2006-12-28 / News

RIDOT completes traffic signal change over to LED technology

Program saves the state more than $500,000 annually

Just as residents try to save money on electricity by switching to energy efficient light bulbs, the Rhode Island Department of Transportation (RIDOT) is realizing significant savings by changing out the bulbs in all of its traffic signals.

RIDOT recently completed converting 770 traffic signals to lightemitting diode (LED) lamps. The cost for the $1 million project was offset by more than $600,000 in rebates by National Grid as part of the company’s Energy Initiative Incentive Program. Additionally, RIDOT expects to realize a reduction of electricity costs of about $530,000 due to the lower-wattage consumption of the LEDs as compared with standard incandescent bulbs.

“This was huge for the Department,” RIDOT Director James R. Capaldi, P.E. said. “To be able to upgrade our traffic signals at essentially a break-even cost while saving energy and reducing maintenance costs is tremendous.”

The electricity savings is based on the fact that each LED lamp only requires 14 watts of energy as compared with 116 watts per lamp for an incandescent bulb. At one intersection alone, the savings can be dramatic. Given a typical intersection with eight signal heads that runs 24 hours a day – with only one lamp out of three on each signal lit at any given time – the average yearly electricity cost with incandescent bulbs is about $810. With LED lamps, the same intersection would see a yearly electricity bill of just $99.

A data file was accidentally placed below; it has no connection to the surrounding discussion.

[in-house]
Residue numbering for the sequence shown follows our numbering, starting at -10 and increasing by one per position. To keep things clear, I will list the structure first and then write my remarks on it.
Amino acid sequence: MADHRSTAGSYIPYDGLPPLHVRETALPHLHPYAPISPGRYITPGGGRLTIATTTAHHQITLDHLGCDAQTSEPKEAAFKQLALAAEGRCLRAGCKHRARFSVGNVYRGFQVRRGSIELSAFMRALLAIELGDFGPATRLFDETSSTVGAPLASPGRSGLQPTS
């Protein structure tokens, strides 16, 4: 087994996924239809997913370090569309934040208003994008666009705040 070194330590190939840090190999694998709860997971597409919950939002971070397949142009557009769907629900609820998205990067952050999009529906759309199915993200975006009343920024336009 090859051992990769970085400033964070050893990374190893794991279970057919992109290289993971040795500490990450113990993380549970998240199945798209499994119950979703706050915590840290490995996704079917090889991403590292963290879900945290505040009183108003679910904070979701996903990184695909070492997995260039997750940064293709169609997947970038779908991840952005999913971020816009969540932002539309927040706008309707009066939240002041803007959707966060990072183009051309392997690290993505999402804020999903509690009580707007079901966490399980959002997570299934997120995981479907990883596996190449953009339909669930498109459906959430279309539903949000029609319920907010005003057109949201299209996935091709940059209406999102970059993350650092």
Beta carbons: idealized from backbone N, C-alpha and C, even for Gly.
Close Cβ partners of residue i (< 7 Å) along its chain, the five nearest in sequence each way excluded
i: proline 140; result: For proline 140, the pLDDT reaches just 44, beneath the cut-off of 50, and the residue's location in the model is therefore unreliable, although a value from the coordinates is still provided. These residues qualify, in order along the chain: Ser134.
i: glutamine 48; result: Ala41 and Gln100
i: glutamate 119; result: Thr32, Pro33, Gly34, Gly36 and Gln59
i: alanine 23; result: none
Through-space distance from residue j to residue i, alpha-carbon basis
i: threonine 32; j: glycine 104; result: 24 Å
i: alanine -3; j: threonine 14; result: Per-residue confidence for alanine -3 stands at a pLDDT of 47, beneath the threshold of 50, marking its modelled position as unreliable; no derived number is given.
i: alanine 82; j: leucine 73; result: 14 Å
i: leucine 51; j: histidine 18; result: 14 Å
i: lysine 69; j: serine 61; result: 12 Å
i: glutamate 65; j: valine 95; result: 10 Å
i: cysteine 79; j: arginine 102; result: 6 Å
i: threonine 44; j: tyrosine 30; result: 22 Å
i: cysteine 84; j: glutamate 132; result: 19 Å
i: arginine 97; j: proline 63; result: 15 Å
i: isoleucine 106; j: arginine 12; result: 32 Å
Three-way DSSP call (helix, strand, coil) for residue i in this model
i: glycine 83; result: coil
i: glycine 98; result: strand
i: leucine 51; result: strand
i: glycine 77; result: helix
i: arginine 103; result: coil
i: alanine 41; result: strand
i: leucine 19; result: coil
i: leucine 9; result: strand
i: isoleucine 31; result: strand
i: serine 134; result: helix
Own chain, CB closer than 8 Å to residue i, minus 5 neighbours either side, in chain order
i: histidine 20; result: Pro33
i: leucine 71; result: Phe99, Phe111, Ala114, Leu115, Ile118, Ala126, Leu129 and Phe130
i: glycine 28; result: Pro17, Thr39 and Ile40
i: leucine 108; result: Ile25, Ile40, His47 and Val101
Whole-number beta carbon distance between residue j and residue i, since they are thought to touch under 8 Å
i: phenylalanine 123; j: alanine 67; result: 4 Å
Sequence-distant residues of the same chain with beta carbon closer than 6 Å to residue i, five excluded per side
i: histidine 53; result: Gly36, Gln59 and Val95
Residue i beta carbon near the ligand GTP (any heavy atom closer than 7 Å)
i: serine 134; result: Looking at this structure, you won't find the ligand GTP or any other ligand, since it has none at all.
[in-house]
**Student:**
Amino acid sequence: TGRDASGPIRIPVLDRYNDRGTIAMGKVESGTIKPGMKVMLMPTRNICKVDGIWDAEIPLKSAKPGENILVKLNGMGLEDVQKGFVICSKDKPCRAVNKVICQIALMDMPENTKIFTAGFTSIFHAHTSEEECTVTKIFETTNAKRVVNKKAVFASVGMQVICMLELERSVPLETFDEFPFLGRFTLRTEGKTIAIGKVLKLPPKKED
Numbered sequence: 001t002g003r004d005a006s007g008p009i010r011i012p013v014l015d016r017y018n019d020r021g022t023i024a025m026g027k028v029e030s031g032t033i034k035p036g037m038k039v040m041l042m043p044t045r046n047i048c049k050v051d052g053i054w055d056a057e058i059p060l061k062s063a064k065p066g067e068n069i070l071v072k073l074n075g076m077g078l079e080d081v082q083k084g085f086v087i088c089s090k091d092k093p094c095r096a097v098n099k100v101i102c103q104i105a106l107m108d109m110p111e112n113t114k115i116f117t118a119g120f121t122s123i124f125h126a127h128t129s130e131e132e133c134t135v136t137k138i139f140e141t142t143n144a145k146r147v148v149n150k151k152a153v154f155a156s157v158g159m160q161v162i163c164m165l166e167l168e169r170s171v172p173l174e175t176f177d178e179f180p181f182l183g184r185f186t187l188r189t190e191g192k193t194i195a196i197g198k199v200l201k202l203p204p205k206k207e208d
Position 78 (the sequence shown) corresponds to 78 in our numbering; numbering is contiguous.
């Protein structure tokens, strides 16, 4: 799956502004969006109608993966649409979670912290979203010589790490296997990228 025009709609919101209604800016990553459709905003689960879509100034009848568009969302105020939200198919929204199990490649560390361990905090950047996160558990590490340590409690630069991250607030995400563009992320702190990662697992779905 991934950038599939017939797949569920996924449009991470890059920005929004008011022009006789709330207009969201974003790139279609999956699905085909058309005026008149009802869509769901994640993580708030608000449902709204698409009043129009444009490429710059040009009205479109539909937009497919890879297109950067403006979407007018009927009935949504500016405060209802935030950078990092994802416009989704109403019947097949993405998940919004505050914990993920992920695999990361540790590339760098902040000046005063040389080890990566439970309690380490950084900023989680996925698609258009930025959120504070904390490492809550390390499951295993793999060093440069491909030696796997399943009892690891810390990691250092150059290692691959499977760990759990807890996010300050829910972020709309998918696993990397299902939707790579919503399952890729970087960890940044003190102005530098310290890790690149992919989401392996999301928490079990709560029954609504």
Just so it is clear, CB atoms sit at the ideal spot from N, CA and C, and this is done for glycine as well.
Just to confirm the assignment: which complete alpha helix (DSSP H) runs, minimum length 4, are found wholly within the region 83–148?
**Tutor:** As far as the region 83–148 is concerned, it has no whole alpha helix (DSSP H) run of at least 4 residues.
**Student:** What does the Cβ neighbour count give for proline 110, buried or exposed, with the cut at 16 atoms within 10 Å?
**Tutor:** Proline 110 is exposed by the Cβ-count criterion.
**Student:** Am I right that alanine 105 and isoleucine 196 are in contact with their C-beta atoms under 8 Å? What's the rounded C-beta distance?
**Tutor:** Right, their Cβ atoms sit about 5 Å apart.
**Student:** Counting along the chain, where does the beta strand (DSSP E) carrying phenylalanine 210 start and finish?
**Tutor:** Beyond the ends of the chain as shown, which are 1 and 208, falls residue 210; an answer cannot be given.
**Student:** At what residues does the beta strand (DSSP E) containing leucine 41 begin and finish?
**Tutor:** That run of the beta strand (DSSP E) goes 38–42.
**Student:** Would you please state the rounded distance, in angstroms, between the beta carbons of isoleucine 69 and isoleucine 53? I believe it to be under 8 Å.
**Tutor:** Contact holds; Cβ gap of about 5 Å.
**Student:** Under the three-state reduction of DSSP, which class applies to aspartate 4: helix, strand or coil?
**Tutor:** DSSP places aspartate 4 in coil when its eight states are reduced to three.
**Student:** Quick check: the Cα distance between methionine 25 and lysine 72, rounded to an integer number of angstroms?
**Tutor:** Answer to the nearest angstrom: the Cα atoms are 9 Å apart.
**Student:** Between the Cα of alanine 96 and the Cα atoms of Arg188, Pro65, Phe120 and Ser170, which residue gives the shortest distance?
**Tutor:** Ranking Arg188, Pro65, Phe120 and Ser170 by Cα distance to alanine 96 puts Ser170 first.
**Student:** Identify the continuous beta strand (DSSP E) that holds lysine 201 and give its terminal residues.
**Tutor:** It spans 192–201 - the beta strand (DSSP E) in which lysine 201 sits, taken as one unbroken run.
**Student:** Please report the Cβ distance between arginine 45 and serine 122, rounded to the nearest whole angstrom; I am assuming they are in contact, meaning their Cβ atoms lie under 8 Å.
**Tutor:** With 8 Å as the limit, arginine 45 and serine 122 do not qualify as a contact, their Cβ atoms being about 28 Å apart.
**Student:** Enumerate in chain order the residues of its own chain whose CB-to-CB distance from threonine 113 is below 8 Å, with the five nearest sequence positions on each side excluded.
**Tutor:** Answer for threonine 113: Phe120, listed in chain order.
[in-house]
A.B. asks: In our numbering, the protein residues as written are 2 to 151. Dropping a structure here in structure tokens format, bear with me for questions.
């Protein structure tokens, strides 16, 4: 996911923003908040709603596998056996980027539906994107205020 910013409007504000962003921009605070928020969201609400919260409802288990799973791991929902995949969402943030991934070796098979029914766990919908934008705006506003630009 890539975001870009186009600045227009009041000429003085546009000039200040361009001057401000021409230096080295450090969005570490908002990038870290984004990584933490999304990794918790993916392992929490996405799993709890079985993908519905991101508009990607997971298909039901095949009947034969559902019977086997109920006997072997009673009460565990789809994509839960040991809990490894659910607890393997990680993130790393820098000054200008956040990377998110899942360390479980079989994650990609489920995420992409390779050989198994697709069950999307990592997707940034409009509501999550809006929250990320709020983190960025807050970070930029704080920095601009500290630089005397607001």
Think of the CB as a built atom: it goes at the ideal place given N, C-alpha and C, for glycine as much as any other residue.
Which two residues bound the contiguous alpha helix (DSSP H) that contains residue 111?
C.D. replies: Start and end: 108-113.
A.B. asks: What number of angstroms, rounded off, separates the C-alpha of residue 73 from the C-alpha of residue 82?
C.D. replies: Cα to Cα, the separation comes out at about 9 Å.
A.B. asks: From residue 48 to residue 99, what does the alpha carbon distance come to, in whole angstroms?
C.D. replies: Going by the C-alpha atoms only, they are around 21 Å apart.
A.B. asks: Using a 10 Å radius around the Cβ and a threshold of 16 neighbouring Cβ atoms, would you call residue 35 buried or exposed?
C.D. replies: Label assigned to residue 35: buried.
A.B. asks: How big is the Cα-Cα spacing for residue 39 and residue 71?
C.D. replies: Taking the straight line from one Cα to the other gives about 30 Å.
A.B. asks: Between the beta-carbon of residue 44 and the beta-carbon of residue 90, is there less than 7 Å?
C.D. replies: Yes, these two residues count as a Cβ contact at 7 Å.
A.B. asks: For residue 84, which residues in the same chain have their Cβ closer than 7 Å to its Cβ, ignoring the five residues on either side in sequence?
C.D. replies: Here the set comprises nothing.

The savings continue in terms of maintenance. Since the new LEDs last from five to 10 years, as compared with about one year for the old incandescent bulbs, RIDOT will save money with fewer calls for lamp replacements. Fewer calls also mean less disruption for motorists from work crews set up in intersections.

Additionally, each lamp has multiple LEDs, so the light will remain functioning even if a few LEDs have burned out.

Since July 2000, RIDOT has

required that all new signal heads include LEDs for the red and green indications. In April 2002, RIDOT required all lights in new signals to use LED technology.

The Federal Highway Administration (FHWA) also contributed funding for this project, supporting 80 percent to 100 percent of the cost. About 620 of the signals were upgraded as part of normal activities for RIDOT’s Highway and Bridge Maintenance division and the rest were refitted with LEDs as part of a low-bid construction project.

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